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Realizing the presence, promise, and power of the Kingdom of God.

Transforming Culture

From the inside out.

Engaging Culture (4)

Do not let your adornment be merely outward—arranging the hair, wearing gold, or putting on fine apparel—rather let it be the hidden person of the heart, with the incorruptible beauty of a gentle and quiet spirit, which is very precious in the sight of God. 1 Peter 3.3, 4

A work in progress
What matters most of all in the way Christians engage culture is making sure that we are doing so as God Himself would—to grow in Him, serve others, and glorify and honor Him in all things (1 Cor. 10.31). Our aim is not to conform to whatever cultural forms or practices seem to be in vogue; rather, we want to make and use culture to seek and advance the rule and honor of King Jesus.

Culture is a gift from God intended to bring honor to Him and benefit to human beings. Christians repudiate all forms of culture that fail these tests. They appropriate as much as they can from the culture around them, embracing God’s good gifts from whatever source that may be available. And they redirect their use of culture to serve others by giving freely of what God entrusts to them, sharing all their cultural possessions as needs arise which they can meet.

But the Christian engagement with culture goes beyond even this. Christians themselves are a work in progress. Under the teaching and shaping of the Holy Spirit, we are being increasingly transformed into the image of Jesus Christ (2 Cor. 3.12-18). All our thoughts, affections, values, priorities, words, and deeds are a work zone of God’s Spirit, Who is at work within us to make us willing and able to do what is pleasing to God (Phil 2.13), and that exceedingly abundantly above all that we could ever dare to ask or think (Eph. 3.20).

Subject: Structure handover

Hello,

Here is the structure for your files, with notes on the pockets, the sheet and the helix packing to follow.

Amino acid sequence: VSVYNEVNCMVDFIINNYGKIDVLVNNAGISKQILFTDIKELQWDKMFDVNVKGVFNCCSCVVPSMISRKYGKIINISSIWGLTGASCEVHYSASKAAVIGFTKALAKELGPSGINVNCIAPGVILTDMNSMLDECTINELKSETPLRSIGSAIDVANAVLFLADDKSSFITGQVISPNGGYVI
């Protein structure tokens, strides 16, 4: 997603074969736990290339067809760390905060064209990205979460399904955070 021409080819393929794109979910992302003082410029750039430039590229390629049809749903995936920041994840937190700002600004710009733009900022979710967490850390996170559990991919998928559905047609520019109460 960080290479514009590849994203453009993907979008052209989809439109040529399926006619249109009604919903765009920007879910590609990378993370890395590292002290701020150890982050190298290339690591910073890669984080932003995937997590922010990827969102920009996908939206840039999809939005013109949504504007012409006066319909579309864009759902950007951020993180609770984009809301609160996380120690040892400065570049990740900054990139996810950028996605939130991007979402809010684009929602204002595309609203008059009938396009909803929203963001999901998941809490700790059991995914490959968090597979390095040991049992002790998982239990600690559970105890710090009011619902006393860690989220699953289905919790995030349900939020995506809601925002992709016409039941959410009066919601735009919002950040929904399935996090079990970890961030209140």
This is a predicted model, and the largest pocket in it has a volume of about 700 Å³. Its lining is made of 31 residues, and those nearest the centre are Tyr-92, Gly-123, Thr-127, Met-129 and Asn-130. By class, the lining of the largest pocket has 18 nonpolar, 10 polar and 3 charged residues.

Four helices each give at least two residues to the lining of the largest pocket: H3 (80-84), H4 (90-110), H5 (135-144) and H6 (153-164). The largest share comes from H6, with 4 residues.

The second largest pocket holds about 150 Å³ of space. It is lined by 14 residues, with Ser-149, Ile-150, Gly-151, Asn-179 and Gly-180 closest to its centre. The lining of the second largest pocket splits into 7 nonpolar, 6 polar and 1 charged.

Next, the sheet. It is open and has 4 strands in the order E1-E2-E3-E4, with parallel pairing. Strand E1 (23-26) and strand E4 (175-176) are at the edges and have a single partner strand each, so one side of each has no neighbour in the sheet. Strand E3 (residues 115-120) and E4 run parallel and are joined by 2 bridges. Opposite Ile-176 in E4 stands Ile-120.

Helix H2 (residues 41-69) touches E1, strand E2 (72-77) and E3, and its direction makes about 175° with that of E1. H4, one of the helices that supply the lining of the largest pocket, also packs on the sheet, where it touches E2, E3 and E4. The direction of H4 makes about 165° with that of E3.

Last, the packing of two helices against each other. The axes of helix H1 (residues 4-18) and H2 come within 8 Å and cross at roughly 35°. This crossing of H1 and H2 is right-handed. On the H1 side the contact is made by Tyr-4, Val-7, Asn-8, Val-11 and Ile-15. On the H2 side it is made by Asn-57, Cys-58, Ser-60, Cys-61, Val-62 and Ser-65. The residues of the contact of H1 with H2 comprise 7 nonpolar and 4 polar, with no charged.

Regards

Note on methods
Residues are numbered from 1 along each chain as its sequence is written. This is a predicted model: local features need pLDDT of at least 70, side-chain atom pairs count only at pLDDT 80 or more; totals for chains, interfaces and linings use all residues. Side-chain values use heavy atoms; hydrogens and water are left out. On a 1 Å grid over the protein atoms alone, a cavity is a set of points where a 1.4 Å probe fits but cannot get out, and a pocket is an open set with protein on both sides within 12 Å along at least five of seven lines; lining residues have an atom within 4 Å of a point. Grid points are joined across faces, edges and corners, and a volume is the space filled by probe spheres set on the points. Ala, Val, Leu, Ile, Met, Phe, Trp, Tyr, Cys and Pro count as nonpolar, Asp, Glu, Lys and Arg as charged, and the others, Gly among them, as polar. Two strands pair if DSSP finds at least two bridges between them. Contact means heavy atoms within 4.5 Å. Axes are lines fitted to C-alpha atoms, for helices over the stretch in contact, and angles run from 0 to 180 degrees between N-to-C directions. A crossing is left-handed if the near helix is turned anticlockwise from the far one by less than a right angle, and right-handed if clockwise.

As we are transformed into the likeness of Christ, everything that makes up our lives will express that newness, and this includes all the culture we make and use. 

Culture as a work in progress
As we are being transformed, so too the culture we engage should be transformed as well, from something that merely satisfies our human needs to something that glorifies God and benefits others. This will require us to think about culture a little more carefully.

Peter charged the women believers of Asia Minor to pioneer in this by transforming the way the world thinks about beauty. In Peter’s day as in ours, feminine beauty was regarded as a physical thing, something to be observed and admired. And, also as in our day, women in the Roman Empire of the first century had perfected ways of enhancing their physical beauty to make a more pleasing, more attractive, and perhaps more enticing, presence in the world. The ladies of Peter’s day braided their hair, put on makeup, strapped on baubles and bangles and bright shiny beads, robed themselves appealingly, and dabbed on that world’s equivalent of Chanel No 5.

There is, of course, nothing wrong with paying attention to one’s physical appearance. Certain qualifications apply of course, such as modesty; but it is not a wrong use of culture to present an agreeable appearance to the world.

But if all we pay attention to is how we use culture to adorn our outward appearance, then we are not working to transform culture as we might 

A challenge to the ladies…and men
But Peter challenged the women of his day to take hold of the very idea of “beauty”—a very culturally specific notion, as Umberto Eco has shown (A History of Beauty)—and make it something altogether different from what the people of their day recognized as beautiful. He called on the women of the churches in Asia Minor to cultivate an inward, spiritual beauty that would show itself to the world in gentleness, kindness, softness, and unfailing patience and love.